Ole Miss, Mississippi State and Southern Miss all kick off the new football season Saturday and for the first time ever Mississippians can legally bet on their favorite teams at more than 20 of the state’s casinos.
While state regulated sports betting will mean badly needed added revenue for Mississippi, it has meant extra precautions for the athletic directors at the state’s three NCAA Division I Football Bowl Subdivision (FBS) universities.
Athletic directors Ross Bjork of Ole Miss, John Cohen of Mississippi State and Jon Gilbert at Southern Miss this week issued a joint letter to the editor to Mississippi newspapers. See below.
The letter, the athletic directors say, was one more precaution of the many they have taken prevent legalized sports betting from negatively affecting their student-athletes.
Cohen said Mississippi State has increased security at its football practices. All three athletic directors have met with Allen Godfrey, executive director of the Mississippi Gaming Commission. All three have had discussions with their peers at UNLV and the University of Nevada, which have long operated in a state where sports betting is legal. All three have instituted comprehensive education programs, not only for student-athletes but also for all coaches and athletic staff.
All three universities are banning not only student-athletes – but all athletic staff – from entering a sports booking operation.
“We have spent an inordinate amount of time educating not only our student-athletes but all the people they often come into contact with,” Cohen said. “I have had eyeball to eyeball contact with not only every athlete but with every student manager, every student trainer and others who are connected to our program. We have been vigilant.”
Bjork said Ole Miss has brought in law enforcement personnel to speak to the football team. Cohen said videos have been shown to all student-athletes. Gilbert has visited with casino operators on the Gulf Coast to enlist help in keeping any USM athletic personnel from casinos.
Thus far, other than State adding security for practices, no personnel has been added to police sports betting at Ole Miss, State or USM. Compliance staffs at each school will police the situation. Ole Miss has a compliance staff of eight, State five and USM three.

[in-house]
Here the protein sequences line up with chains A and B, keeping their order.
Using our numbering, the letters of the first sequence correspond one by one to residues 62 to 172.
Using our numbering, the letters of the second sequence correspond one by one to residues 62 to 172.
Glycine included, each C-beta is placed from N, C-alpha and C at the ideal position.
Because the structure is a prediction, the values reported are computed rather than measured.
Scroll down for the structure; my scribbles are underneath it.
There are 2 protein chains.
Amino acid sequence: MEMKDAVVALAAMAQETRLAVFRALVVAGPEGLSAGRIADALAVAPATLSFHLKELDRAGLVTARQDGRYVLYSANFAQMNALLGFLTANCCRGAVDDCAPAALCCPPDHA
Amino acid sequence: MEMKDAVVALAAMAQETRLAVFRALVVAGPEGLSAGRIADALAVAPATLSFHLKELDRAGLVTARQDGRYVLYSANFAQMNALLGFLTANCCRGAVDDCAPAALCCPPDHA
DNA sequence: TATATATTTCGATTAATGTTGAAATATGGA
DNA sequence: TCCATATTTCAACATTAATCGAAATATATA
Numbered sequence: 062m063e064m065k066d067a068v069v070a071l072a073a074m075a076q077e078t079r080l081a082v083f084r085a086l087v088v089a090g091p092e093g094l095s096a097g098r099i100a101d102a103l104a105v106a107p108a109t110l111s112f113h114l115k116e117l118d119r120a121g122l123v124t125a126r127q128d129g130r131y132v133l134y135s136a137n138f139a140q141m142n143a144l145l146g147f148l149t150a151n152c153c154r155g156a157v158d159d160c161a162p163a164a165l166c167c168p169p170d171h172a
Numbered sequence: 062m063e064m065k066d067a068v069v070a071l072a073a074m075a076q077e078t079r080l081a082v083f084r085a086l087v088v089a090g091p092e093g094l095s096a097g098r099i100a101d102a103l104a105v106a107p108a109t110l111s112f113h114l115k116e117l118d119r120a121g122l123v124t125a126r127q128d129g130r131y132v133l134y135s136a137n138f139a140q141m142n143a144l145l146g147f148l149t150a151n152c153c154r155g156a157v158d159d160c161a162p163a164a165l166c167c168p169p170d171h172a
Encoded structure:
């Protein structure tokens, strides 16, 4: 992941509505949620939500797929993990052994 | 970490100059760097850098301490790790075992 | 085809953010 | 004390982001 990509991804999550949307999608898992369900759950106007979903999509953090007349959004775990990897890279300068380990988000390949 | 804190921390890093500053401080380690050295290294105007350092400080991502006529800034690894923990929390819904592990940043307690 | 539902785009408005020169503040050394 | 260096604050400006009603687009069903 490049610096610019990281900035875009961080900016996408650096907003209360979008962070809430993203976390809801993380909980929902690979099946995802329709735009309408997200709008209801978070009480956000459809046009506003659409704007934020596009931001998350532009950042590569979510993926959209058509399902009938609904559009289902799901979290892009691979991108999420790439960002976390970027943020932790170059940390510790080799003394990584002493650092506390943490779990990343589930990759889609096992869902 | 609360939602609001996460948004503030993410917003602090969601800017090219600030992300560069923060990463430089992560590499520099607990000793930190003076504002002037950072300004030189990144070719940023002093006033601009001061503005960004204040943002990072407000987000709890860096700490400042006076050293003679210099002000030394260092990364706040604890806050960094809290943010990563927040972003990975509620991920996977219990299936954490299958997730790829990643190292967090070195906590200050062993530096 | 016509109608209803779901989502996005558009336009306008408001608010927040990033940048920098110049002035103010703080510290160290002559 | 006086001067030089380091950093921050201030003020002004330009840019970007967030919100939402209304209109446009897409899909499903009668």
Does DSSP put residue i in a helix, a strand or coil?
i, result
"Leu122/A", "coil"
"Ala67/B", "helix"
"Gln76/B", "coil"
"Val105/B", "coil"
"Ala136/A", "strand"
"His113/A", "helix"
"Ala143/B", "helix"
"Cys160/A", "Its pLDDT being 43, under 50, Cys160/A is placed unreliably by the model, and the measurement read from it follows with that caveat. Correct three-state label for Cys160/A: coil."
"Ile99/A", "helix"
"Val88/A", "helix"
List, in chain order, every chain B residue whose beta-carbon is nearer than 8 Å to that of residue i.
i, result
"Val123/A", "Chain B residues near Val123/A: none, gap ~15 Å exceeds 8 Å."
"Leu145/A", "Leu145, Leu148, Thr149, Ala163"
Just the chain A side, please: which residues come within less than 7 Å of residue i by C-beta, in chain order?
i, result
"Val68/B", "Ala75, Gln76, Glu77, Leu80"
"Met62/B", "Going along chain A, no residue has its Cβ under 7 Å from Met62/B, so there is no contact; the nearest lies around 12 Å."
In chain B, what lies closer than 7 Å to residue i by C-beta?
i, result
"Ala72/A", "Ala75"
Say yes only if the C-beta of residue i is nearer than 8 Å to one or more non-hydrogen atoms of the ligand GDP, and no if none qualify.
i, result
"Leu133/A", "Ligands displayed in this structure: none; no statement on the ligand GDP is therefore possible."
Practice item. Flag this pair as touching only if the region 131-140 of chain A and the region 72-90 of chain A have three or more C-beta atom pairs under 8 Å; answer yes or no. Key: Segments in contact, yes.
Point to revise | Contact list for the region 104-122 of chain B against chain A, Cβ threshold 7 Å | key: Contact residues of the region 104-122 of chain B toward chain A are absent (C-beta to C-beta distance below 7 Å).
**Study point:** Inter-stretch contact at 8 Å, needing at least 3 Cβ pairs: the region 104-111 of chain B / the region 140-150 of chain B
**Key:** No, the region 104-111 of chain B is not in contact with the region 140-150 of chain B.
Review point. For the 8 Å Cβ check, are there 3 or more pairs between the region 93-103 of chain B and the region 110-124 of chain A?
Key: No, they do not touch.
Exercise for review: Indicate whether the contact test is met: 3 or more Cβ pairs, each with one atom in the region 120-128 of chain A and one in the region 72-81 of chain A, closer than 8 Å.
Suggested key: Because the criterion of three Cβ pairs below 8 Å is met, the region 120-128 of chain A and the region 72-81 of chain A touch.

“Gambling is a topic we always have covered with our compliance people,” Bjork said. “Now that it’s legal and you can drive down the road in your own backyard to legally make a bet it becomes that much more of a concern. Workload-wise, our compliance people will share the duties of preventing legalized sports betting from affecting our student-athletes.”
Said Cohen, a former Mississippi State baseball star, “I go back to my own college days and I know that if gambling were legal, I would have known a lot of students and friends who were going to casinos to make bets. If it’s legal, you assume it’s OK. We have to make sure that everyone knows it’s not OK in any way for our athletes or staff to be involved.”
Godfrey said the gaming commission will help the universities in any way it can.
“We’re all on the same team in this,” Godfrey said. “We want to help in any way. We’re on the same team. Any concern they have, we will address.”
Godfrey has pledged that the gaming commission will alert the athletic directors” if anything looks suspicious.”
Gambling scandals have occurred throughout the history of college athletics, primarily with athletes, usually basketball players, taking money to shave points. A Mississippi State player was involved in once such scandal during the 1960-61 season. Jerry Graves, one of State’s best players on a championship team, was implicated in an FBI investigation. He denied shaving points and said he only “provided information” to gamblers. Nevertheless, Graves was banned from the NBA.
“If there’s a red flag anywhere, the gaming commission has promised to let us know about it,” Bjork said.